This post contains references to products from one or more of our advertisers. We may receive compensation when you click on links to those products. For an explanation of our Advertising Policy, visit this page.
I’ll now be answering at least one Sunday reader question via video. To kick it off, TPG reader Bob explains his frustrating situation with Delta and poses a couple questions:
I was waiting to transfer several hundred thousand miles to my new Delta Amex account (had just picked up 45,000 free miles with a new Delta Amex card) to buy 4 tickets from Portland to Lima in May 2012.
Two business class tickets were 130,000 points each and two coach tickets were 70,000 points each for a grand total of 400,000 points. To my surprise last week, the coach seats had gone up to 85K points each. The business class seats were still 130K points each, so I decided to transfer my points immediately. By the time I got the transfer complete and got back to booking (about 24 hours), the business class seats had gone up to 155K points each. Waiting a day or three had just cost me 80K points!
1) Do you think that too many “looks” or searches at specific routes, etc. can be tracked through an IP address and/or just sheer general traffic volume of searches to trigger a dynamic pricing change?
Short answer – no. I don’t think Delta.com is smart enough to do that. I think there are many other factors, like historical selling and current ticket sales that factor into award availability.
2) I noticed my departure date was 99 days out when I finally booked. Do you think the 100 day bar may have triggered a change or been part of the dynamic pricing algorithm?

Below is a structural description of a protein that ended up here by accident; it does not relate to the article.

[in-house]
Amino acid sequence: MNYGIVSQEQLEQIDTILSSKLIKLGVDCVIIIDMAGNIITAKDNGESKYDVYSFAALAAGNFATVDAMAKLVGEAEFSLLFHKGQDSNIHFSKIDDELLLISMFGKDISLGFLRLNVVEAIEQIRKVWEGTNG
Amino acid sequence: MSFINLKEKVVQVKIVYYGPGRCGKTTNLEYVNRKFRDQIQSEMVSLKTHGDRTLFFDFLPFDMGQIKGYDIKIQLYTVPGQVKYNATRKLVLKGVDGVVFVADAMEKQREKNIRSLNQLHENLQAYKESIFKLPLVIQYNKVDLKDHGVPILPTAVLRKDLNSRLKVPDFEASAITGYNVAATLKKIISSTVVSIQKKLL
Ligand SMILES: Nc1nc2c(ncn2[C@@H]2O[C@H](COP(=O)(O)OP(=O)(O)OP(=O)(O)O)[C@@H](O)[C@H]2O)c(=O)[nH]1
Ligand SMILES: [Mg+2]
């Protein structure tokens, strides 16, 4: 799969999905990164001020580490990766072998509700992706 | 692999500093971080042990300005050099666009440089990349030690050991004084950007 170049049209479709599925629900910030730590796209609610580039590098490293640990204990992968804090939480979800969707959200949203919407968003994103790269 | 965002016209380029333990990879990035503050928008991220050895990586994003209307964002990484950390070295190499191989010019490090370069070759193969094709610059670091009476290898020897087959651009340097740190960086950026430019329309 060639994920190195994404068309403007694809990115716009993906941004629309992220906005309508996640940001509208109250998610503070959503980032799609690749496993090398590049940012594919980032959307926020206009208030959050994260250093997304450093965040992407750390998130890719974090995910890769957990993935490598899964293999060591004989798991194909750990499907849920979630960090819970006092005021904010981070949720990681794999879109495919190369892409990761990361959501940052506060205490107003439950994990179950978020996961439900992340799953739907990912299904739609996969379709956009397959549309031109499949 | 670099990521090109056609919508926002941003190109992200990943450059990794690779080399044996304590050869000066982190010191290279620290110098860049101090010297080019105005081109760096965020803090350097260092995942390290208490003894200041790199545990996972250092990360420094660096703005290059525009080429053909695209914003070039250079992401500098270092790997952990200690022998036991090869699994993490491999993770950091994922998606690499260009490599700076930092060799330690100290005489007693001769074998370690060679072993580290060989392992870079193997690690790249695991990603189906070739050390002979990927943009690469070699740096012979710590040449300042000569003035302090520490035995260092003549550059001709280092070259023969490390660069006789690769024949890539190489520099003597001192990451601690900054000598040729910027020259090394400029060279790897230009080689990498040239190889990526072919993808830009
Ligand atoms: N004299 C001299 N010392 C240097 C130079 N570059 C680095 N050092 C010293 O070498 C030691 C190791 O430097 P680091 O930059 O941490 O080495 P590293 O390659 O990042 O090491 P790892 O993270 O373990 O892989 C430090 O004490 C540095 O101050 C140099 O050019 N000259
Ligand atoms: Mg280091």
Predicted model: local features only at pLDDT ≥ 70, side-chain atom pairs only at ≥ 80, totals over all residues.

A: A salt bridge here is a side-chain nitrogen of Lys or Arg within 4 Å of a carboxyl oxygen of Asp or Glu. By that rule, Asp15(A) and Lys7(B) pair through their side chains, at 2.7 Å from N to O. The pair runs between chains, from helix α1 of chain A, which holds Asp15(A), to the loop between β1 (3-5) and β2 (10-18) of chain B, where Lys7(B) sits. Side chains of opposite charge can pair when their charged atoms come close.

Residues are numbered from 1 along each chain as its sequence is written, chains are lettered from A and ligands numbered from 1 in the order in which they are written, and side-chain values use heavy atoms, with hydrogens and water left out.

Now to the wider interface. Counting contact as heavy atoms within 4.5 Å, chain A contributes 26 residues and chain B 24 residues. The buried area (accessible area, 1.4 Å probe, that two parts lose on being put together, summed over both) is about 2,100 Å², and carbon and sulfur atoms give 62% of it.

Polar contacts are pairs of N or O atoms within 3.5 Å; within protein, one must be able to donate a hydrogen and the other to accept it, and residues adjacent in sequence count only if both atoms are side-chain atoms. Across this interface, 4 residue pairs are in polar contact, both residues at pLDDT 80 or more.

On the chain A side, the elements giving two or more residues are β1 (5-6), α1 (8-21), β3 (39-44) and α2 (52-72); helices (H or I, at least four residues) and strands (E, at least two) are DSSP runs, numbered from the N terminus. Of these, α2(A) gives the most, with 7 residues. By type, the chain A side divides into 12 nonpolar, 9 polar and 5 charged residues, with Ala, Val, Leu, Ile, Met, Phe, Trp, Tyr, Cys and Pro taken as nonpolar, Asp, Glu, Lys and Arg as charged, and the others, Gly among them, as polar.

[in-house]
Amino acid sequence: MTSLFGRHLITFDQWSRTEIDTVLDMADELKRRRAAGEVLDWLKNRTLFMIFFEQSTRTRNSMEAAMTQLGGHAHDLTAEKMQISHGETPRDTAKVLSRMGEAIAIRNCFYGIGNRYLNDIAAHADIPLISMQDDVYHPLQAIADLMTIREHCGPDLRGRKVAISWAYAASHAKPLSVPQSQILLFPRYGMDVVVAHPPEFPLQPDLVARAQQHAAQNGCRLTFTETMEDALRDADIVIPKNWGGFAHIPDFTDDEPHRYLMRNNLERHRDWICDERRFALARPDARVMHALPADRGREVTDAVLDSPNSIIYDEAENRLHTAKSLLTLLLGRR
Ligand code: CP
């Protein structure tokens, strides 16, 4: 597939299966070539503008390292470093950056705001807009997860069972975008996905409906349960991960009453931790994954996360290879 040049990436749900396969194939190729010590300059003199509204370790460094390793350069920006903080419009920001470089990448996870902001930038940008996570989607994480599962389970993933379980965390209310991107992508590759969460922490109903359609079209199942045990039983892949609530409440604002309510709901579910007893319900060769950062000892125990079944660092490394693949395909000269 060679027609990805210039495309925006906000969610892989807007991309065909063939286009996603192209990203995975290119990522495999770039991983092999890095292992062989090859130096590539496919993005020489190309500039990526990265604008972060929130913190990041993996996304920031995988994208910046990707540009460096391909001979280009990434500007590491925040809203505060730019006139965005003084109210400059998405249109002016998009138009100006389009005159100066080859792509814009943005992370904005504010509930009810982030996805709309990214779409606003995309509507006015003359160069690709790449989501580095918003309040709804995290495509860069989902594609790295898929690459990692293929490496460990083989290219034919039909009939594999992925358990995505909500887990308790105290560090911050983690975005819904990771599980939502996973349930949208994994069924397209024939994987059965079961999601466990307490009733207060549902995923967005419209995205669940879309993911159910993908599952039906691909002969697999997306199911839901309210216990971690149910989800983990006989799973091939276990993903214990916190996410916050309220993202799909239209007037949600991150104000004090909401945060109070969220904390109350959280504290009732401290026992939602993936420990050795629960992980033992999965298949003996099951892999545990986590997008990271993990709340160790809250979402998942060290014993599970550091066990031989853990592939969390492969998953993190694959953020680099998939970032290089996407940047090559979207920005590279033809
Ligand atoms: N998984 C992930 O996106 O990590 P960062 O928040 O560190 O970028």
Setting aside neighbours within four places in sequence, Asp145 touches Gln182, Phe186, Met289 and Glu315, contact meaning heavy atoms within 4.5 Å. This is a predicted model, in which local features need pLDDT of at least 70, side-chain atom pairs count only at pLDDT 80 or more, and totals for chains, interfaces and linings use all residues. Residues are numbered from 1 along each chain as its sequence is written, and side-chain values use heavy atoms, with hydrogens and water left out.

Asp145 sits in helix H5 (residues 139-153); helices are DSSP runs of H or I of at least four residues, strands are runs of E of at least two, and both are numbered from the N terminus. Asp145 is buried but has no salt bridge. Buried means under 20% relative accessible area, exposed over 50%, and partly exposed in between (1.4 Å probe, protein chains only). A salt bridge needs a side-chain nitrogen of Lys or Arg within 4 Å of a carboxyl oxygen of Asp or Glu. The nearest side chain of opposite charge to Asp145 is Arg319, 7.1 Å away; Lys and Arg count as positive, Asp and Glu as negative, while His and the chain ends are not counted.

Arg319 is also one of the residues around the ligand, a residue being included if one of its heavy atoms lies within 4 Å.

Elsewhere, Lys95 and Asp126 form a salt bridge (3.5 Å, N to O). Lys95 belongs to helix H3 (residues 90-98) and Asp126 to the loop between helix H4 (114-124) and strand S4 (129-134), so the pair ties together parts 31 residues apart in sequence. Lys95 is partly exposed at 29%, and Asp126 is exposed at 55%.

There’s definitely an algorithm, but I think it’s more complex than just releasing seats at certain thresholds. Per my answer above, I think it has to do more with current ticket sales and historical selling. Remember, award pricing on all airlines changes dynamically, so you should book or hold an itinerary when you see something that works for you.
Speaking of holding, Delta.com will let you hold an award for 48 hours – just go through to the second page of booking and hit the “Hold Itinerary” button. If you can’t pull up the award you want on Delta.com, just put anything similar on hold and call and ask the rep to put in the flights you actually want. They may resist letting you hold, but simply argue that the award is already on hold and you just need them to save it with the legs you actually want. If you are a Delta flyer who is looking to bank some extra miles this card is a great addition for your wallet. While you'll earn 2 miles per dollar on Delta purchases and 1 mile per dollar on everything else, you'll also have access to other perks like priority boarding, a first bag checked free and 20% off in-flight purchases.
Since you already booked some high level awards, Delta releases a ton of award seats in the weeks leading up to departure. Monitor and if lower award inventory opens up, call and rebook at the lower rate. If you booked the tickets from a Platinum or Diamond Medallion’s account, it’s free to reprice at the lower level and get the miles back. It’ll cost $150 a ticket if they were booked from a non-Platinum/Diamond account, but if you are getting a ton of miles back, it may make sense to pay the $150.
If you are a Delta flyer who is looking to bank some extra miles this card is a great addition for your wallet. While you'll earn 2 miles per dollar on Delta purchases and 1 mile per dollar on everything else, you'll also have access to other perks like priority boarding, a first bag checked free and 20% off in-flight purchases.